We’ve heard and written about numerous and never ending excuses from infringers. One of the most common responses we heard goes like this: “We made no money” or “We didn’t charge any money”. The following is a current, real life court case that shows that it doesn’t matter that money didn’t change hands.

New York State Supreme Court Justice Paul Wooten has ruled that a lawsuit filed against rapper 50 Cent in New York County can proceed to trial. The case involved the posting by the rapper of a sex tape on his website which included the plaintiff, Lastonia Leviston.  Ms. Leviston had not executed a written model release consenting to such publication.

She sued under the New York Civil Rights Law, which requires a signed, written release for the use of her image for purposes of advertising or trade.  She also has brought a separate claim alleging the intentional infliction of emotional distress via (in part) the use of the sex tape by 50 Cent (a/k/a Curtis James Jackson).  50 Cent tried to have both claims dismissed without the need for a trial.  If you want to read it, the entire court decision PDF is downloadable here: decision v 50 cent.
We have for decades discussed, written, cajoled and implored our readers to always, always obtain a signed model release for the use of a person’s image. “Yes”, there are exceptions when using an image for editorial or newsworthy purposes, but as this case amply demonstrates, better safe than sorry.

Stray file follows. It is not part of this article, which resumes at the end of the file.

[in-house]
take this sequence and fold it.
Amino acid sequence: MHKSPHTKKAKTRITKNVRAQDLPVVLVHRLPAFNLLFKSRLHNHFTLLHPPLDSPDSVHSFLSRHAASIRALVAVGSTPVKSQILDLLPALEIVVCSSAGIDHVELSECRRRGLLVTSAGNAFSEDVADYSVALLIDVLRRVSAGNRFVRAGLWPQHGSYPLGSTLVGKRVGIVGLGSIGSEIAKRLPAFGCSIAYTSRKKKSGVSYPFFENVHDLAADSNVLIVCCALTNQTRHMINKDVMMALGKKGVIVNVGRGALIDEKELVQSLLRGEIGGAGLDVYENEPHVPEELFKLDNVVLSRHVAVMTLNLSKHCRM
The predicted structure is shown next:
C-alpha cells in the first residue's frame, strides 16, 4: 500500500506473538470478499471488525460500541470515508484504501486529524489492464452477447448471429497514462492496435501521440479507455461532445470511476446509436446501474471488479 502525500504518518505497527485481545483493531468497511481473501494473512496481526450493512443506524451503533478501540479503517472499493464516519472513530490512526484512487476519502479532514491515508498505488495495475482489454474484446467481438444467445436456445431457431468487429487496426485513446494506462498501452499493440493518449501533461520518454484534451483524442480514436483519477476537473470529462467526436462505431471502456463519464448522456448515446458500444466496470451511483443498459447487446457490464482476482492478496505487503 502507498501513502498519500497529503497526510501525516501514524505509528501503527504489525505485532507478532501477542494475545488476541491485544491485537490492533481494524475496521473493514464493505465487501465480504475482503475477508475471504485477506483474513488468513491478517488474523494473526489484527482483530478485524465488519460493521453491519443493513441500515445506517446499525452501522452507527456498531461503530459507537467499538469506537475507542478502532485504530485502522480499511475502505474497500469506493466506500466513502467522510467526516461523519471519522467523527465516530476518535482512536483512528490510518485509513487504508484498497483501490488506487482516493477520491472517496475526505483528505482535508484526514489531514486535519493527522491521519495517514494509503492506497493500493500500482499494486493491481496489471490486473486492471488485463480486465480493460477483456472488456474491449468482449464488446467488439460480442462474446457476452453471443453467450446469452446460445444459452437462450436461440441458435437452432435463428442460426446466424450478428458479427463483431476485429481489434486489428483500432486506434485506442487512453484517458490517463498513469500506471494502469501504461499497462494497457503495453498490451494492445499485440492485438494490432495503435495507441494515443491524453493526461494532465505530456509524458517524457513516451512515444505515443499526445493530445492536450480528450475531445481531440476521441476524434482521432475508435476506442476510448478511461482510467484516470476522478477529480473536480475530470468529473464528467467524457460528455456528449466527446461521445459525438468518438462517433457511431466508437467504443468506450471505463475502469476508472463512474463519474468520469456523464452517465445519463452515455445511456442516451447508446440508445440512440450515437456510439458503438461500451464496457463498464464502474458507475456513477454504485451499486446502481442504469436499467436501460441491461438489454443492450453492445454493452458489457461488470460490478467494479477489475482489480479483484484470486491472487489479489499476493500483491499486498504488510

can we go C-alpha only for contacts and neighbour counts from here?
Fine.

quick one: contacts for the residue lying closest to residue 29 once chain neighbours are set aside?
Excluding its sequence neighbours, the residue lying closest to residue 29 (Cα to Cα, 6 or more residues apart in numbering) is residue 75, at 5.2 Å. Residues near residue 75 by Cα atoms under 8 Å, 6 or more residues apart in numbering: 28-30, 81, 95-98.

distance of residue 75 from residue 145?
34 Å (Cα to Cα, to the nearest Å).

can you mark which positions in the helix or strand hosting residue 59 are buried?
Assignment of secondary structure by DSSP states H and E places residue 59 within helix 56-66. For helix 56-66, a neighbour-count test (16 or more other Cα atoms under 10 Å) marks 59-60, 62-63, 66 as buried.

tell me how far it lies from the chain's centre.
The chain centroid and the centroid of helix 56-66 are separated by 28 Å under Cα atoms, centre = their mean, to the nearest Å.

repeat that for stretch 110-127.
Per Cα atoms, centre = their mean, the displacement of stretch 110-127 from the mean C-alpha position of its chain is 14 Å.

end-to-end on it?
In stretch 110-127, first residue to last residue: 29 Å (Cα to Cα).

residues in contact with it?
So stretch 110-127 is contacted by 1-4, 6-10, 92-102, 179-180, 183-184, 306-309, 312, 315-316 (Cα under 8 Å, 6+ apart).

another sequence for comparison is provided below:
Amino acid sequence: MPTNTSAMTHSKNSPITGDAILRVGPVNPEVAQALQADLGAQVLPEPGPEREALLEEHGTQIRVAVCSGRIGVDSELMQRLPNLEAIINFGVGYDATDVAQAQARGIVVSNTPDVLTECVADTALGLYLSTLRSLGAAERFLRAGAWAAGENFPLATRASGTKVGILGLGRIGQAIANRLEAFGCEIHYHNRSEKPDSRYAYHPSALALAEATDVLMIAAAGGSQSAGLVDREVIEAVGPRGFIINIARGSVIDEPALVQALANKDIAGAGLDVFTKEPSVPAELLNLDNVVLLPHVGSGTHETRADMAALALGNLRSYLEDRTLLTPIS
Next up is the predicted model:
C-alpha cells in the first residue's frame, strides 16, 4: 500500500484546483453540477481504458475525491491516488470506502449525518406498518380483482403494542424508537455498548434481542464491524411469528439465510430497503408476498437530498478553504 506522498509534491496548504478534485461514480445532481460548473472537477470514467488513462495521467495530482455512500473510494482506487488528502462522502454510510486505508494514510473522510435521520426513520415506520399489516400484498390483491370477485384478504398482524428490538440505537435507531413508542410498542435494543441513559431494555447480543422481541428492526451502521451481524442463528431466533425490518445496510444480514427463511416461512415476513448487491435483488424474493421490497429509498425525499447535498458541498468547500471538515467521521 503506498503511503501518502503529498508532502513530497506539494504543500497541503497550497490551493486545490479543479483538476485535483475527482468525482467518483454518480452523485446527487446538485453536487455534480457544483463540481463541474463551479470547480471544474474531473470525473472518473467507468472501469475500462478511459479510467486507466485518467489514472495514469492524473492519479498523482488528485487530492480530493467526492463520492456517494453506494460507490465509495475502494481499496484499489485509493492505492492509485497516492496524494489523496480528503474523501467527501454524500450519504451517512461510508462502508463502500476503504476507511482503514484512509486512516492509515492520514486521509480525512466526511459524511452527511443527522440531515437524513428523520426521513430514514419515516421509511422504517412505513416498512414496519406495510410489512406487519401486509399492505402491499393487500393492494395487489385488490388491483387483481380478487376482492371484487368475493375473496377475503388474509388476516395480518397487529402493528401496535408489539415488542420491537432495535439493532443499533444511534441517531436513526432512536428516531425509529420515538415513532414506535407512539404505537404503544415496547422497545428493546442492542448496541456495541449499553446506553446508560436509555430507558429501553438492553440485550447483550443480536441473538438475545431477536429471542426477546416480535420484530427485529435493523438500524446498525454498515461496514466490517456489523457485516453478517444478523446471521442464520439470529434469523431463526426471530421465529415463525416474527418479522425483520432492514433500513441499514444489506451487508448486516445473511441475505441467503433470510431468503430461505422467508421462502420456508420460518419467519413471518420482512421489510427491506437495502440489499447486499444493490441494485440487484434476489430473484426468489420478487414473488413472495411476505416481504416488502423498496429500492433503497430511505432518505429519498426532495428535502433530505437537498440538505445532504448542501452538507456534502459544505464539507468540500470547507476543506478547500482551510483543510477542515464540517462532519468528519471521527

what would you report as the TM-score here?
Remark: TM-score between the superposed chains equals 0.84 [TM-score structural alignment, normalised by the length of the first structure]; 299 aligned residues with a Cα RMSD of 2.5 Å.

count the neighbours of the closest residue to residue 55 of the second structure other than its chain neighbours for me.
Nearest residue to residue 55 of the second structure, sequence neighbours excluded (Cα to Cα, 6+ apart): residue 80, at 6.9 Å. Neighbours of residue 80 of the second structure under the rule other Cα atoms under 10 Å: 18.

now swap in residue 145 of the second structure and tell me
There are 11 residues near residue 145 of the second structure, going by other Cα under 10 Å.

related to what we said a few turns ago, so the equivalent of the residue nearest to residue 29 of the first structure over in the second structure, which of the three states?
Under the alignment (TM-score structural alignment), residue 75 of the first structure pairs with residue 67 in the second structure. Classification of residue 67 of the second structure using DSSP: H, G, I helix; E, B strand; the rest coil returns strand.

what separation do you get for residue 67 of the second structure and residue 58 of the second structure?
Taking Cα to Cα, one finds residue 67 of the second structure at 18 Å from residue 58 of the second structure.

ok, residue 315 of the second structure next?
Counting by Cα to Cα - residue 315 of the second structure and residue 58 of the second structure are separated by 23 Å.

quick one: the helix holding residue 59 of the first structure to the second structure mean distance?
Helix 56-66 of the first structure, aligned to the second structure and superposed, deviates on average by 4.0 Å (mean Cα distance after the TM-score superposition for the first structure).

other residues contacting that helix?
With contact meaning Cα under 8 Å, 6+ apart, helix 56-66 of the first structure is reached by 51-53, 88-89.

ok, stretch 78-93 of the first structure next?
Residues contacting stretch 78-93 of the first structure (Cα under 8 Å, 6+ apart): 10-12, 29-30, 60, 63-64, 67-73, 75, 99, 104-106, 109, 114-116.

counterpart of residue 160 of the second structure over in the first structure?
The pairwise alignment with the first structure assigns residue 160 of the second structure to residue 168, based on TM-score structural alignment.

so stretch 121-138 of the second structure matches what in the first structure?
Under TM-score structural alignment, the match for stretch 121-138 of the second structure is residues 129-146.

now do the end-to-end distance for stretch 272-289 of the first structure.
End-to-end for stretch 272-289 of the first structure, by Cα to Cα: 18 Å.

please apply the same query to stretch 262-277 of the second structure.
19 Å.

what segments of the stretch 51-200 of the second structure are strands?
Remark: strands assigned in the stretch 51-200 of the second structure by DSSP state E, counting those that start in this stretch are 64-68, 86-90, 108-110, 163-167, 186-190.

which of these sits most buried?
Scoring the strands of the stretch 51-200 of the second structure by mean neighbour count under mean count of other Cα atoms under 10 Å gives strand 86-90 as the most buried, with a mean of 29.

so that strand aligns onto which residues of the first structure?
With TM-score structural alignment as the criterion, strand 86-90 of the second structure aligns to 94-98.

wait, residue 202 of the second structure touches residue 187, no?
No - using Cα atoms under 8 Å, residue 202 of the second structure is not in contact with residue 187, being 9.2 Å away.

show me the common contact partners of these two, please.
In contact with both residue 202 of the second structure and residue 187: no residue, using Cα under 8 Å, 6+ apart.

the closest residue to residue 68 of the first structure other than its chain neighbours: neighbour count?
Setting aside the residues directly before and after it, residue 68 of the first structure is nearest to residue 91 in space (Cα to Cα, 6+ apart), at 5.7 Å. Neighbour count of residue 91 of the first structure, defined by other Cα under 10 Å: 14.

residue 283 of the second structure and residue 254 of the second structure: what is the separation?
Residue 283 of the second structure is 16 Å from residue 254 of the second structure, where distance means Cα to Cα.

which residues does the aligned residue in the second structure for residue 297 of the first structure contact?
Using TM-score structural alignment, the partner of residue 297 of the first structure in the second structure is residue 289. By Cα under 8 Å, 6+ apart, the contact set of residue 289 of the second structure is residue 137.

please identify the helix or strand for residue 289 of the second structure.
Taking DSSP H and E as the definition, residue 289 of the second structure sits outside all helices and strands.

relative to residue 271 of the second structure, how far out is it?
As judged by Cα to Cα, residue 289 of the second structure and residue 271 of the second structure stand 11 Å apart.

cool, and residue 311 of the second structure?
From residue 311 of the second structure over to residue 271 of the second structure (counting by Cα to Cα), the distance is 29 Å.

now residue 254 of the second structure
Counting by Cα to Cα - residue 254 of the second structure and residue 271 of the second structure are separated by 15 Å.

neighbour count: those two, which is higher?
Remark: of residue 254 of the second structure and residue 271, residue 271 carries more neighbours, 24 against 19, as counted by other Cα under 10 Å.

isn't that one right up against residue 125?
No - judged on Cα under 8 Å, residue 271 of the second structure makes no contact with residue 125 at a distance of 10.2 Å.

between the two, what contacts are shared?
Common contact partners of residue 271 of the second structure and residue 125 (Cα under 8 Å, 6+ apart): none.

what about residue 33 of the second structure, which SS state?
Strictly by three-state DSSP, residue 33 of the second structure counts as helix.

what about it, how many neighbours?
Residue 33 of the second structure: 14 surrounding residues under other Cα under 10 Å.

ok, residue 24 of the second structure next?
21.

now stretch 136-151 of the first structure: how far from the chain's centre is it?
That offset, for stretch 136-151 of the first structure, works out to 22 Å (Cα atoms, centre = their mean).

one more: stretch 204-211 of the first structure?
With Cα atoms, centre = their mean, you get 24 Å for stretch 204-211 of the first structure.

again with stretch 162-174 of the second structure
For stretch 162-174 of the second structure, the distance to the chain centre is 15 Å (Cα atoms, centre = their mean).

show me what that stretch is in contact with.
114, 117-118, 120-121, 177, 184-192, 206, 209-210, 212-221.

Mr. Jackson’s lawyers sought to have the case tossed based on their claim that the there was no charge to view the sex tape on line, no advertisements were sold and that the tape did not promote any of his recordings. The usage did not in their opinion qualify as “commercial or trade use”.  Further, they alleged that the tape was in effect, “newsworthy” and thus a release was not required.  Judge Wooten rejected – in our opinion, quite correctly – both arguments.

The Court correctly found that the use of the tape bolstered the number of hits to the site and generated interest in 50 Cent.  Additionally, even if the standard for “commercial use” had not been met, the standard for “trade” use clearly had.  The fact that no charge was levied for viewing the tape and/or that (apparently) no advertising was sold in connection with its use, was only part of the analysis.   He rejected almost out of hand that the tape had any “newsworthy” value and correctly recited the practical, economic motivation(s) that the defendant had in running the tape without the plaintiff’s permission.

The judge also allowed the plaintiff’s separate claim for inflection of emotional distress as a result of the unauthorized use of the footage to continue.  Ms. Leviston will need to prove at trial that the broadcast of the film, which has had some 3,300,000 hits, caused the emotional injuries she set forth in her complaint.  She has retained doctors who have submitted reports to the Court supporting her allegations. The judge has decided to let a jury decide on the relative merits of those claims.

The take away here is yet another real life example of how to protect yourself.  Any excuses not to obtain a written, signed model release are likely bogus. On the other hand you can never, ever be wrong by obtaining a written, signed model release.  If this case does in fact go to trial and a jury renders a verdict, the plaintiff can receive anything from zero to a seven-figure award of money damages. Add that to the amount of attorneys fees the defendants have incurred to date and we are talking about lots of aggravation and very big bucks.  We don’t know of many photographers who would not be financially ruined by a judgment against them in the high six figures.